Sourav has illustrated in the initial portion of his discussion how it is that the HPR and DDM values of his selected firms will differ, mainly as a result of the different assumptions underlying each formula. Between the HPR model’s generalized distribution assumption, and the DDM’s time-consuming need to forecast each incremental dividend to be paid, investors are faced with a dilemma when determining which model to use when valuing a firm. Valkama et al (2013) then add further complication to the matter when they raise the issue of how special dividends and stock splits can then further impact the raw inputs of these formulae, as they will therefore require special adjustments to properly accommodate the relevance of these situations. With this information in mind, I intend on further developing the relevance of the DDM from the perspective of an investor that is looking to benefit from an acquisition.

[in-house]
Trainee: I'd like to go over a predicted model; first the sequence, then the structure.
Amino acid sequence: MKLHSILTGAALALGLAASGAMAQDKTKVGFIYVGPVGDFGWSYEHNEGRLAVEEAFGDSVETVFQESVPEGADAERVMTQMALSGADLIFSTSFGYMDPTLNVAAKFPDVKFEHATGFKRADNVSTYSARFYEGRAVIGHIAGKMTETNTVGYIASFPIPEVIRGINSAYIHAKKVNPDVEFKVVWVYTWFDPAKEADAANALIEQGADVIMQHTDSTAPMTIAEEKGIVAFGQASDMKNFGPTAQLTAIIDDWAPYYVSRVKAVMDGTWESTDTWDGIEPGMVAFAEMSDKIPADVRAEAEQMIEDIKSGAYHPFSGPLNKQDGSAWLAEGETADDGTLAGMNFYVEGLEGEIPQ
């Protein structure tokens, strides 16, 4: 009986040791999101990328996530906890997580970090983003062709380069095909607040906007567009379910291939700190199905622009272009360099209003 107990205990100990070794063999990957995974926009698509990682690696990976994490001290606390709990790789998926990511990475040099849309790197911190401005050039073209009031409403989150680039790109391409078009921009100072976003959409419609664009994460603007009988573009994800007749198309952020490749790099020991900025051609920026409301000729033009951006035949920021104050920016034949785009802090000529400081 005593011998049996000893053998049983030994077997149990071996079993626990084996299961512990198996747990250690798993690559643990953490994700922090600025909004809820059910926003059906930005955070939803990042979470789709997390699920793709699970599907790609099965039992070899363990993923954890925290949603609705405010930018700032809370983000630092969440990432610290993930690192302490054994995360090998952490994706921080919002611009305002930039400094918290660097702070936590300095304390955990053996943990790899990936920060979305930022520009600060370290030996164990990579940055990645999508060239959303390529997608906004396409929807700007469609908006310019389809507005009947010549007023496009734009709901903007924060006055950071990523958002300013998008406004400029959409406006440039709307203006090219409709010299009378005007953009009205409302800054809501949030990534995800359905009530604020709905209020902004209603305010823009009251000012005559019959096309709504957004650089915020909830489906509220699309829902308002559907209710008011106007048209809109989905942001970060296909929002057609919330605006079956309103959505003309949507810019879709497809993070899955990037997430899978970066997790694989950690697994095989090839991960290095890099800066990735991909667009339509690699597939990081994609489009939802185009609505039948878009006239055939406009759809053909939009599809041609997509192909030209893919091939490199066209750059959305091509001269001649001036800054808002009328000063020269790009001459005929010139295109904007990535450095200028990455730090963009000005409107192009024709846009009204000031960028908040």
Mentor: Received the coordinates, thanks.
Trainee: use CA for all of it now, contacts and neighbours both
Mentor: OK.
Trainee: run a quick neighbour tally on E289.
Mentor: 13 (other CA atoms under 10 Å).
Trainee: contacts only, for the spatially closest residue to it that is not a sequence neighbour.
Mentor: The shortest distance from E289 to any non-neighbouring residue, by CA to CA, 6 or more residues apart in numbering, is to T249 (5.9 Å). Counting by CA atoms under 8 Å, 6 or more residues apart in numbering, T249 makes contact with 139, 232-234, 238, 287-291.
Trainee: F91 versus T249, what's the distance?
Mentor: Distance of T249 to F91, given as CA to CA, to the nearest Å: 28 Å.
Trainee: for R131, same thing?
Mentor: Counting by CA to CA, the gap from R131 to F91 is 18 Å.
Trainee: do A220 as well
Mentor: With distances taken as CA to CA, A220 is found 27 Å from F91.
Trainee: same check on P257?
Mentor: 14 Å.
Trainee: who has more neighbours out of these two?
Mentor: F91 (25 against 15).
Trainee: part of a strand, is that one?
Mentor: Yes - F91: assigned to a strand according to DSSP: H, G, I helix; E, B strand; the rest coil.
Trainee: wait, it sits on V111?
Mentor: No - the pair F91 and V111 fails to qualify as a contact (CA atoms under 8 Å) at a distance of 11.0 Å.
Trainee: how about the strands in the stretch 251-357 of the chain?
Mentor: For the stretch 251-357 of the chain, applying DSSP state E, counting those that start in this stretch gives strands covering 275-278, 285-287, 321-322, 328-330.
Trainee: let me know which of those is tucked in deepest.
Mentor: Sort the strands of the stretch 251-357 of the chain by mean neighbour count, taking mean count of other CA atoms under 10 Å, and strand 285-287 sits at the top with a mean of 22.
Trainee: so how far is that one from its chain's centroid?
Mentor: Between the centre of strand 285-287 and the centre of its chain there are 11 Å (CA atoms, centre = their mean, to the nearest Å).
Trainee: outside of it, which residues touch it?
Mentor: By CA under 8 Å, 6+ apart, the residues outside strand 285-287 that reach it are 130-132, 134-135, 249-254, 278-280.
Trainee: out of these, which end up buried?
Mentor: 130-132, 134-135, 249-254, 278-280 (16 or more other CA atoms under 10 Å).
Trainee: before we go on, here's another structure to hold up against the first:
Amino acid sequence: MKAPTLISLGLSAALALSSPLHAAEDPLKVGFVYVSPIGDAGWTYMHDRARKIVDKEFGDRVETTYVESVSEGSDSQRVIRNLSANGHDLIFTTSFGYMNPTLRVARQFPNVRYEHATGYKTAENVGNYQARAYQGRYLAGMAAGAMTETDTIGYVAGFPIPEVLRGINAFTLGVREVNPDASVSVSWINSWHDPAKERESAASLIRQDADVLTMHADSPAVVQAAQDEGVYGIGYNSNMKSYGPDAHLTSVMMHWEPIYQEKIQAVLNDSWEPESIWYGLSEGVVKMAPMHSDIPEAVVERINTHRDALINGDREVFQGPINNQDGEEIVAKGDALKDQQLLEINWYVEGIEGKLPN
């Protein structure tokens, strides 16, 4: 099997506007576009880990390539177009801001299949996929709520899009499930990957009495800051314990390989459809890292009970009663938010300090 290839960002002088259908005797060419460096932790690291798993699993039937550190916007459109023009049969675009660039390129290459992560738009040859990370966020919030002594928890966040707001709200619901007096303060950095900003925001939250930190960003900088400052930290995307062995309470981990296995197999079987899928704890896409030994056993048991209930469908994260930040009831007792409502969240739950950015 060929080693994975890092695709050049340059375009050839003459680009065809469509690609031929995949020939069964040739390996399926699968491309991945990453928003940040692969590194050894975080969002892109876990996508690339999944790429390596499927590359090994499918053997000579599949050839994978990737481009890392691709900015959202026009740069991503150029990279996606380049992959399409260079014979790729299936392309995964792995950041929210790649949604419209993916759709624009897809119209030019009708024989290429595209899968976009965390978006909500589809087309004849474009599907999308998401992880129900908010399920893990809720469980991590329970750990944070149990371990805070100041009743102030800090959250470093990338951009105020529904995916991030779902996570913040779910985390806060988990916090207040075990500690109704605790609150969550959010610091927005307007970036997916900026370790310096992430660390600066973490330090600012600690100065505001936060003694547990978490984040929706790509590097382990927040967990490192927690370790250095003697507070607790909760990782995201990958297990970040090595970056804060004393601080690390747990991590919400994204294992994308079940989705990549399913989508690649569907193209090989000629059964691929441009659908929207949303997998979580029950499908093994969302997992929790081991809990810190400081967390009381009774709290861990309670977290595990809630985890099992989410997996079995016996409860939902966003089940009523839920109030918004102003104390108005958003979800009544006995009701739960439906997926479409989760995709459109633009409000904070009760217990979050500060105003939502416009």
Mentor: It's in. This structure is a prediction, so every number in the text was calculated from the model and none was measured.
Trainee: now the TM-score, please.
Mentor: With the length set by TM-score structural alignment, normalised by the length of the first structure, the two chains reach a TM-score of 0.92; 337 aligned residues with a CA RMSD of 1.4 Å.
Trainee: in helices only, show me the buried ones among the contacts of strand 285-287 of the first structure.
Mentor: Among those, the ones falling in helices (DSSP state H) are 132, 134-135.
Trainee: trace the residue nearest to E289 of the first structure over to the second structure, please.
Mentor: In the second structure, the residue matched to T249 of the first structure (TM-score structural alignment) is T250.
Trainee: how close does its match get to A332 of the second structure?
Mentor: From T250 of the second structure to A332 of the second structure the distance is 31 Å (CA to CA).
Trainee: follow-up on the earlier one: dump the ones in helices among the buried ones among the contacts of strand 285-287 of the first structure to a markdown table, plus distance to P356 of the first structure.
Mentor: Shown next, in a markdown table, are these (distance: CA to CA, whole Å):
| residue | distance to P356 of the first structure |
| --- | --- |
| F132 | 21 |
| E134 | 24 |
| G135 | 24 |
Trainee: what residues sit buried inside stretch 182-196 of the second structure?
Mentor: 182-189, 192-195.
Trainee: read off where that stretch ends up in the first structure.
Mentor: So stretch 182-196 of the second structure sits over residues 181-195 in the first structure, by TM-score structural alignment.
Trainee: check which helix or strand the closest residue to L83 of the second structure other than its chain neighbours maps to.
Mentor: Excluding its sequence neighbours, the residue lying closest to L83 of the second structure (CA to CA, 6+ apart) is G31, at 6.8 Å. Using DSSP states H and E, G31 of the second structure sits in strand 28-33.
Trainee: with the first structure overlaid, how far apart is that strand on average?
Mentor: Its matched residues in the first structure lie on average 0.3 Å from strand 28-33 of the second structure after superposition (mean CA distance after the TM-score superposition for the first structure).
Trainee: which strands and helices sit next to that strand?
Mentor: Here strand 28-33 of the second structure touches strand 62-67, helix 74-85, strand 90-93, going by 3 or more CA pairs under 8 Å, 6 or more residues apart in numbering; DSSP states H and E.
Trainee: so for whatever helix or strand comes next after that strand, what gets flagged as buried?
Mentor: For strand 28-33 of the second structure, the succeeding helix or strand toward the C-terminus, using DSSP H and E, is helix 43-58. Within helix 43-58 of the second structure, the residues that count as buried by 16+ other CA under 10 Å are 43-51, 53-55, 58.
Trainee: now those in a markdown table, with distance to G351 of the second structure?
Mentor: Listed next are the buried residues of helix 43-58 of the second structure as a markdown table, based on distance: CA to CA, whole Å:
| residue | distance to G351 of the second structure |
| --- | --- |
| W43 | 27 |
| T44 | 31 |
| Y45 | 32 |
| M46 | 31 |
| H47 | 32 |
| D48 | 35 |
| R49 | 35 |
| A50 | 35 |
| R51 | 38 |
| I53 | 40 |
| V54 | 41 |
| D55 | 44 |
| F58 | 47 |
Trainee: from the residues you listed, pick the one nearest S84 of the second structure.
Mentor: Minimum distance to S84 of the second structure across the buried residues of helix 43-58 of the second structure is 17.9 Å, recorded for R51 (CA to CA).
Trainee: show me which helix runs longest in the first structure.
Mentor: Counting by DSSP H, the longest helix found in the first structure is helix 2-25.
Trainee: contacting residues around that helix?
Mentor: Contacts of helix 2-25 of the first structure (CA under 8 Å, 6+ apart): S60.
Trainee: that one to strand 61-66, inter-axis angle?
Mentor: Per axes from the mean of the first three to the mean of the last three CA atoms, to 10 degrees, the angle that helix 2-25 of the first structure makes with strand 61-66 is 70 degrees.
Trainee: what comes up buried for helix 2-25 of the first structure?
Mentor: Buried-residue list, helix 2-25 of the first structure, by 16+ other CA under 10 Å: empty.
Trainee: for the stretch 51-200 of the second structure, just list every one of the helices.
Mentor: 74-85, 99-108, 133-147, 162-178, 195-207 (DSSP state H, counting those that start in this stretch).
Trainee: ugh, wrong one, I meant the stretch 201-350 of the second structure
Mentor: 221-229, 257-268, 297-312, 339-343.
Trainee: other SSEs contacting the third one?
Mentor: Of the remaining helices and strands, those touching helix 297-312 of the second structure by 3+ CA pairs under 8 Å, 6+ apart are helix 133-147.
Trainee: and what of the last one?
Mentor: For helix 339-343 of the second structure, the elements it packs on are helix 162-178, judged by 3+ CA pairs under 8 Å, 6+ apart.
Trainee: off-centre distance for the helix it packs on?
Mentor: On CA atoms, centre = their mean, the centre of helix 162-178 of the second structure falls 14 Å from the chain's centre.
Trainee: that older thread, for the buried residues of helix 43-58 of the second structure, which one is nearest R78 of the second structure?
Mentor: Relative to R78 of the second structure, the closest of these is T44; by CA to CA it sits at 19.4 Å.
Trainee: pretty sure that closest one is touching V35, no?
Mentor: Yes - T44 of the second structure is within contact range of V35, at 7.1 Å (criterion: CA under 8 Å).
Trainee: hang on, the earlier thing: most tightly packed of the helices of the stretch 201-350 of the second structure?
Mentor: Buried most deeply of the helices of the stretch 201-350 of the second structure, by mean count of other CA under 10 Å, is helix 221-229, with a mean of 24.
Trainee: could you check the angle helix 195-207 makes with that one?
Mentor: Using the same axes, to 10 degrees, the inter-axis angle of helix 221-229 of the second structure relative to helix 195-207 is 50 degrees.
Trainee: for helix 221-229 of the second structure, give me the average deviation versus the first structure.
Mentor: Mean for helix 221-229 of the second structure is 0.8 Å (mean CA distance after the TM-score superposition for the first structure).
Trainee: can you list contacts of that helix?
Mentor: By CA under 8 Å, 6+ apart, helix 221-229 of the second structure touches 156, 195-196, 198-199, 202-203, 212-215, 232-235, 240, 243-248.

Each January, Morningstar (2013) publishes a list of takeover targets for the coming year. In their 2013 list, they included 11 firms. In using this list to demonstrate the potential upside of an acquisition to target-firm shareholders, I expect to find that these firms demonstrate a lower DDM valuation than their actual HPR value, mainly because of the way in which their common shares have underperformed in relation to the value of their dividends, and therefore creating an opportunity for a firm to purchase the company at a discount, and realize the gains on a forward